I realise I’m wasting energy dissecting the third episode of Derren Brown’s The Events to any great depth.
They show a close up of this woman’s eyes and ask people to draw a shape, and then the letter “O” draw itself on the screen as a slowly appearing circle, etc etc. And then, astonishingly, Brown even instructs people who drew concentric circles to text in, as if after doing this people texting this is some sort of useful evidence.
Once again Brown muddles half truths and glimmers of things we’ve experienced with ludicrous over-played nonsense. So we’re expected to believe he can make a man fall asleep and then steal a TV by drinking his tea at the same time, while insultingly claiming the remarkable, verified ability of some blind people to use echolocation to be in any way related. Of course, most of it, were it not in a programme in which the presenter psychotically flipflopped back and forth between declaring his disbelief in psychic powers and announcing things are happening because of psychic powers, would have been fantastic magic tricks. Here it all feels like part of the propaganda that contributes to his crazed misinformation campaign.
So much is so much rubbish. But what’s most peculiar about this third episode in what we can only desperately hope is a four-part set-up is how ridiculously he overreached on the final reveal. The most idiotic claim Brown makes is that somehow the tricks in the show in any way relate to his claims of “remote viewing”, something he debunks and confirms with every other breath. This ranges from simply confusing – how does the light bulb trick possibly relate to anything? – to disgustingly insulting – the aforementioned echolocation. None of it relates in any meaningful way, other than his mealy-mouthed semi-debunking of the ridiculous fraud. (It made me so sad he stopped so far short of denouncing him.) Instead, it explodes into a trick too huge to make any sense.
The problem we have is Brown’s claim to not know what was drawn. Now, he’s of course done a thousand other tricks where he claims to be able to influence what someone draws – this time we’re asked to forget that. His mark is asked to draw anything she likes, but it must be a simple pattern or shape. There’s fairly limited options at this point (all the people who merrily agreed to draw a train seemed to forget that bit), but still too many for Brown to guess. But while he claims to not know what’s drawn, and denies the ability to remote view, he also has her placed in Stone Henge which we’re told she sort of saw her image representing (this was strange too – she added it on to the end of her description in a way that didn’t relate, and made no sense). Then we also get shown the persistent close-up of her eyes representing the pattern she drew – again requiring knowledge of what was on the canvas to be successful. So obviously it’s impossible without either knowing what’s on the canvas or causing what’s on the canvas. Too many things, too much going on, all of it relying on absolute prior knowledge of the drawing, and none of it having anything to do with the gibberish of choosing to display some texts from people who drew a circle.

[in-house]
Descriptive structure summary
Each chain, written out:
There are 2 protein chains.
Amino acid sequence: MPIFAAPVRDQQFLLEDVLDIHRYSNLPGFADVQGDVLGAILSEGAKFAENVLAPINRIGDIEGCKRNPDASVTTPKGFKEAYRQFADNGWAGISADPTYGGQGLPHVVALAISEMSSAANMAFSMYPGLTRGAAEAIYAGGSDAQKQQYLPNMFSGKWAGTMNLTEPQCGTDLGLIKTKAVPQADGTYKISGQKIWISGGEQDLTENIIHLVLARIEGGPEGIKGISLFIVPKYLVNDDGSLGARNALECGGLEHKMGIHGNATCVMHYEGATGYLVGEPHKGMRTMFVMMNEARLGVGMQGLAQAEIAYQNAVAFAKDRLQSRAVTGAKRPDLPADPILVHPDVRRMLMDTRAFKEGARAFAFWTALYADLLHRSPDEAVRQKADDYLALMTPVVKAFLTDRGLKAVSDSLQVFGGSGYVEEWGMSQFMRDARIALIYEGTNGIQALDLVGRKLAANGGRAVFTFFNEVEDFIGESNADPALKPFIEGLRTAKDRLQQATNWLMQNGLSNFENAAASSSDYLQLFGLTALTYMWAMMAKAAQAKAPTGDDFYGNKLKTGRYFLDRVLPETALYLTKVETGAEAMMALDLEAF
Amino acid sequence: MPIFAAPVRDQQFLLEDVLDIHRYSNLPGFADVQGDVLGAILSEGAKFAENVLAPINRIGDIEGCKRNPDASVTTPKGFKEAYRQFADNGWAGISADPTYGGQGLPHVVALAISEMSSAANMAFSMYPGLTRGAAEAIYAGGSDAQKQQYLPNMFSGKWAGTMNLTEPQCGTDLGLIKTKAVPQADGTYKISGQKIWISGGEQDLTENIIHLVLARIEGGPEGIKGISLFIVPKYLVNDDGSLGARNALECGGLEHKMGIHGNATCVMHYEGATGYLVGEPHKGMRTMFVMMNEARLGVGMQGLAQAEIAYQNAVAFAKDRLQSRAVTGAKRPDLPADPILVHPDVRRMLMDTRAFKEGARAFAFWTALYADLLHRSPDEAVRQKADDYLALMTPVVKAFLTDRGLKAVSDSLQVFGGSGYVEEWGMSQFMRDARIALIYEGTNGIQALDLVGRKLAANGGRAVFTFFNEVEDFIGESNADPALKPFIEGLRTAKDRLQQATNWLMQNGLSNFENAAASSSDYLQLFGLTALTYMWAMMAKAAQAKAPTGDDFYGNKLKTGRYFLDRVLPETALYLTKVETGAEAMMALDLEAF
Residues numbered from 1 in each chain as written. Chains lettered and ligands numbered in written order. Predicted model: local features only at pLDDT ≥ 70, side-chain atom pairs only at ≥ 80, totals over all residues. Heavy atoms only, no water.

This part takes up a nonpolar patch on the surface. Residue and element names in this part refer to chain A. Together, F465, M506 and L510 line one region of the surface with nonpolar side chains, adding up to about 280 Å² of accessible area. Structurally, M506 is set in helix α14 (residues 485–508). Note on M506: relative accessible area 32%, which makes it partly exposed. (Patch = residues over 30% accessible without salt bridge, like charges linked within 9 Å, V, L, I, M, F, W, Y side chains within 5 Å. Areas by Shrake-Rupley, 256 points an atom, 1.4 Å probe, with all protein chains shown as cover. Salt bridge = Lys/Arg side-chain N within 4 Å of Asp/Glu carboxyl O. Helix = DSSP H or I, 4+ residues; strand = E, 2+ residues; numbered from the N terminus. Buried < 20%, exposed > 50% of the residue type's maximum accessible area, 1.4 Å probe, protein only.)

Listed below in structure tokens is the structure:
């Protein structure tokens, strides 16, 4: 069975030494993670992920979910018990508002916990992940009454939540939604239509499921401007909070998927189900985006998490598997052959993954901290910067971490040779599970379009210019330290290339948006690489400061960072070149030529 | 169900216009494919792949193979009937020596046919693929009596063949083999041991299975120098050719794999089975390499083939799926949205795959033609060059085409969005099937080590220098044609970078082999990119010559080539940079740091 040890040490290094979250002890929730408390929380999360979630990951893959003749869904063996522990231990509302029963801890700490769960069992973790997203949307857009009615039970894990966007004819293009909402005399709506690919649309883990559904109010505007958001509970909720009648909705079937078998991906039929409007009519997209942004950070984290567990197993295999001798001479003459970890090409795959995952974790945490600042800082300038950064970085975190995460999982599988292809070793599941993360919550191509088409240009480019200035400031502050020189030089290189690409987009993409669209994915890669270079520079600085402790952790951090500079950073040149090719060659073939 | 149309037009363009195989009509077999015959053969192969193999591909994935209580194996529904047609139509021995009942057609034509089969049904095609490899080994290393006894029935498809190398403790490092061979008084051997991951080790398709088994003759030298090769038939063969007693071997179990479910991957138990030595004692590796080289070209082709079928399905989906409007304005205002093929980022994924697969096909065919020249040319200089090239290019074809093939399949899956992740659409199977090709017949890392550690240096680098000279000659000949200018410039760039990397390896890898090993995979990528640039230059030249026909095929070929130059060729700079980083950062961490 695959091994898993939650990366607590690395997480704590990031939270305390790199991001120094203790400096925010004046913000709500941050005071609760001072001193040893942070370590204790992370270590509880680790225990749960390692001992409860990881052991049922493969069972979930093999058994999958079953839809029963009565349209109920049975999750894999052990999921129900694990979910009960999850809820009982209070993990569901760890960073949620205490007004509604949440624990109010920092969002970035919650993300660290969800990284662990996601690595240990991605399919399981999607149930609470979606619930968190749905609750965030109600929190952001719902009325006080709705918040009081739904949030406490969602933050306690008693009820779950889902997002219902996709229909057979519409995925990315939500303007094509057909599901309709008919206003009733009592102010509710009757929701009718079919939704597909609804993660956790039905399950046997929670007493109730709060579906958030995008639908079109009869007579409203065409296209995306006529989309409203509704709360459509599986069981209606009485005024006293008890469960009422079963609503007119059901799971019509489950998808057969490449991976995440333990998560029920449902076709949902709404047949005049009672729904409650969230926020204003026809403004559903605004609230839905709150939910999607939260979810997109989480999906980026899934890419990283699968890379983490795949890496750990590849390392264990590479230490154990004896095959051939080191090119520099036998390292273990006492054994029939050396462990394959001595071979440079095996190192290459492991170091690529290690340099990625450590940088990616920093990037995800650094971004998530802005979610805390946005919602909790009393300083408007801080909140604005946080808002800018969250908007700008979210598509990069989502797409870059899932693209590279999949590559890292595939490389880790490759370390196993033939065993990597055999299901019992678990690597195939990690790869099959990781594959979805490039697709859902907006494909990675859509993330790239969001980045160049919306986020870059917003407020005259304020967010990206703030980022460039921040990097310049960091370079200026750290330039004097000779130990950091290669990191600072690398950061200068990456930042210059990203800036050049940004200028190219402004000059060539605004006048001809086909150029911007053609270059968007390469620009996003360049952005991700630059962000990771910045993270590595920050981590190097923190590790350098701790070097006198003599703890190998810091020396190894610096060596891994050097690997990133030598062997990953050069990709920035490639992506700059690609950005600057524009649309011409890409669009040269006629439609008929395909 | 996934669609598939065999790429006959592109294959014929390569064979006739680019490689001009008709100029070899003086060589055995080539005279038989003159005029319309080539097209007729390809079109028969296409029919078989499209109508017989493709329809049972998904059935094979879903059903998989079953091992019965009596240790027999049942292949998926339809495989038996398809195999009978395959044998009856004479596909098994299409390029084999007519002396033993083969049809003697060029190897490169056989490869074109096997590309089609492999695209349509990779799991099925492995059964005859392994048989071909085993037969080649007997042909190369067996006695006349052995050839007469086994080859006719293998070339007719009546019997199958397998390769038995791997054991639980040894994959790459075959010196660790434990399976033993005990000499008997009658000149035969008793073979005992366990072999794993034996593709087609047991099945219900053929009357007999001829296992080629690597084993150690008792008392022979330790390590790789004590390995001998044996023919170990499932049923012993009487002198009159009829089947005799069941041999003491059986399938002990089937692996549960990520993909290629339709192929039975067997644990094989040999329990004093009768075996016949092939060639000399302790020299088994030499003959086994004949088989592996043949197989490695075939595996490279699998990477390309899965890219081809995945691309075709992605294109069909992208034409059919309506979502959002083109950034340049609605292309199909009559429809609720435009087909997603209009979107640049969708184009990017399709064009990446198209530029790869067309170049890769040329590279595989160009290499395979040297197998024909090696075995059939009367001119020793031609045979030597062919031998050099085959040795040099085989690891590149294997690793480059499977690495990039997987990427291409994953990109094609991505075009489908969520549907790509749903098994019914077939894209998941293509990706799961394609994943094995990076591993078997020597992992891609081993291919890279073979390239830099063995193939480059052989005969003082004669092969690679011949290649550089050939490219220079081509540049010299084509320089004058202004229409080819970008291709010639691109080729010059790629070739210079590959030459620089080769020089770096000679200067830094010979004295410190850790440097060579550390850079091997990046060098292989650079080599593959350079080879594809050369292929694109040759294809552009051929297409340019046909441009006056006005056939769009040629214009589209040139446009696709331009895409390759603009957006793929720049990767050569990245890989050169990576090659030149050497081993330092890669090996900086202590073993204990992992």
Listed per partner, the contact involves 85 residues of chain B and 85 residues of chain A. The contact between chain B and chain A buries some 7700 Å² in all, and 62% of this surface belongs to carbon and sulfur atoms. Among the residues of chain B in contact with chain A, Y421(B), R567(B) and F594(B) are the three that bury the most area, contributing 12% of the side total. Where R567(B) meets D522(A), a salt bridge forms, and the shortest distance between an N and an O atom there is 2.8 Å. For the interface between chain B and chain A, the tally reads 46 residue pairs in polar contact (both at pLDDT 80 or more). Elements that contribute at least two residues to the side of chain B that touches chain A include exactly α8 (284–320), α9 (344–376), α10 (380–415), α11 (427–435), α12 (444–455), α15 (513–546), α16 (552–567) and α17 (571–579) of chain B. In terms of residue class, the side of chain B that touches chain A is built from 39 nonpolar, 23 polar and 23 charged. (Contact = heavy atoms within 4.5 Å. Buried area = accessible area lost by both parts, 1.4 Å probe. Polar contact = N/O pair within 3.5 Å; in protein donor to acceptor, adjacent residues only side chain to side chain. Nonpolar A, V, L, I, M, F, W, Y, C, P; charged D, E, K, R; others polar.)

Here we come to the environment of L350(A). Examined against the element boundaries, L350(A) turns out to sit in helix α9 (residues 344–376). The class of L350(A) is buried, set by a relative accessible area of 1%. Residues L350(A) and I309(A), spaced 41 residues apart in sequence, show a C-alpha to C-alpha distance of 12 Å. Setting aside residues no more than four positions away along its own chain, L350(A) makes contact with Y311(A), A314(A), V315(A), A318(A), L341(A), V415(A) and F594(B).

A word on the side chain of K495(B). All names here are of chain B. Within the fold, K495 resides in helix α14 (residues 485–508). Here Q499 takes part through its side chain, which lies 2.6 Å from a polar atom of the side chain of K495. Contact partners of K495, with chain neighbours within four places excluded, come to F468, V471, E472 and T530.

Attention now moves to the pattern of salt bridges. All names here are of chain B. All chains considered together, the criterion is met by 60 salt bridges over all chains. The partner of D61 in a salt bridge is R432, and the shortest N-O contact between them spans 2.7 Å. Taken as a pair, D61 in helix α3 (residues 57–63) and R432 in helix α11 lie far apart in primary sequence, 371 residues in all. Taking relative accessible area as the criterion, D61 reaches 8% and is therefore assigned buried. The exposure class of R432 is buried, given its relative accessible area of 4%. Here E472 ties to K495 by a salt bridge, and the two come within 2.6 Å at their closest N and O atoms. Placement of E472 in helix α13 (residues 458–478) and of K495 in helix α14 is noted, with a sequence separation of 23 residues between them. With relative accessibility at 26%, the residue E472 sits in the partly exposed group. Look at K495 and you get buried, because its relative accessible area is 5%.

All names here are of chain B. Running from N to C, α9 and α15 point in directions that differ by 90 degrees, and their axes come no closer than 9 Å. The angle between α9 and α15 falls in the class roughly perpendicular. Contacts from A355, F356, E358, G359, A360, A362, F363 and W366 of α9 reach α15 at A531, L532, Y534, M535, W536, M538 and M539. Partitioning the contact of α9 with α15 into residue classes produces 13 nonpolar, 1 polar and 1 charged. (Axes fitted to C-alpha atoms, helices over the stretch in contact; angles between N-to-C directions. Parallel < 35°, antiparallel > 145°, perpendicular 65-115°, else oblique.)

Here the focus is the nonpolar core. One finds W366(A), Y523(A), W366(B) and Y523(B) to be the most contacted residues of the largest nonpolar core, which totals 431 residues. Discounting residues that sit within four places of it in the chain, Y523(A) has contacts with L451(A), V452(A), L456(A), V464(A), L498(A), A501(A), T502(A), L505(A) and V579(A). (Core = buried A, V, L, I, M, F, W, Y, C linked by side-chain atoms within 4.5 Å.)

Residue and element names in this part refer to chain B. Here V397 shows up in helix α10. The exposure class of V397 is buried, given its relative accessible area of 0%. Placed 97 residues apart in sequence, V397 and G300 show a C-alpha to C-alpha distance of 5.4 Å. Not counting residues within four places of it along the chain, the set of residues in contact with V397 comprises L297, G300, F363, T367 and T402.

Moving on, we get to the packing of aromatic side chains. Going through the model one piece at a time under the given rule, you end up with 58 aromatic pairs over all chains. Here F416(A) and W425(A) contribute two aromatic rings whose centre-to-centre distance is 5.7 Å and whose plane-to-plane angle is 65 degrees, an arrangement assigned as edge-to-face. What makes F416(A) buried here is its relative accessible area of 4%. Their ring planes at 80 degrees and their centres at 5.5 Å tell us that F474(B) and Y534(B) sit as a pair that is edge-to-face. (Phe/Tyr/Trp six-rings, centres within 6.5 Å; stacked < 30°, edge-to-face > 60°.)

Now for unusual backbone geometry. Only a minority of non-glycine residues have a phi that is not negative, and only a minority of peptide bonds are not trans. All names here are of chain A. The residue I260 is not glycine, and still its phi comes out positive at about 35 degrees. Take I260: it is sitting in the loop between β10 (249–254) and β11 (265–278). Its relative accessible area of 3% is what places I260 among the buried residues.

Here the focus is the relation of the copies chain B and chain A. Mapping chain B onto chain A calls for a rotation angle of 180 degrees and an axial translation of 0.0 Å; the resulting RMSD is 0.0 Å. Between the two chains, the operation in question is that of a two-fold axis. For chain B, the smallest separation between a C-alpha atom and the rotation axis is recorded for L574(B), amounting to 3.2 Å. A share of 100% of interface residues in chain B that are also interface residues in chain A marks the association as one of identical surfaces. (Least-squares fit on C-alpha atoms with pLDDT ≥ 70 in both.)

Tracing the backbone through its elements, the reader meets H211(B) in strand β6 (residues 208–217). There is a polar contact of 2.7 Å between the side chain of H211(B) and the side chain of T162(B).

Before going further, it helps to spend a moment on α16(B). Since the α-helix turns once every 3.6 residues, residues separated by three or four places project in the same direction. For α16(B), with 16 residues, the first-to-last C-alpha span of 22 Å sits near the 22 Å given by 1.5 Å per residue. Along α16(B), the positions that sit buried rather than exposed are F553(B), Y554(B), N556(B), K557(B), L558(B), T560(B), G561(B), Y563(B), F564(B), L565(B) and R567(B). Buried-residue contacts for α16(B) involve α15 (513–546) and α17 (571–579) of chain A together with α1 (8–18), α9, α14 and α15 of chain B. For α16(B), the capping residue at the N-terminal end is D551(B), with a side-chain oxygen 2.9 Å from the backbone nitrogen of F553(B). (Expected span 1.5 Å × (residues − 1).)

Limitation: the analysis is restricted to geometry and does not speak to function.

Again, had he not bothered with the anti-scientific bedlam of this bipolar presentation of “remote viewing” and simply done a magic show, it would have been a splendid trick with a superb punchline. Instead it’s an embarrassing mess of bullshit. This evening became reduced to “Here’s some concentric circles. Draw a shape.”
So sure, I hope next week he confesses to all this. Because this is not the man from the Dawkins interviews, nor the guy who wrote a book debunking the sort of idiocy he’s been advocating for three weeks. But it’s too late, isn’t it? Millions have already seen him take his position as a respected debunker and use to it promote unscientific gibberish, and saying, “Ha ha, I was just kidding!” at the end of it won’t undo that.
Oh, and a PS of something brilliant my sister said last week. “Someone who thinks Brown’s explanations for how he does his tricks are at all true is like someone believing Paul Daniels was really sawing Debbie McGee in half.”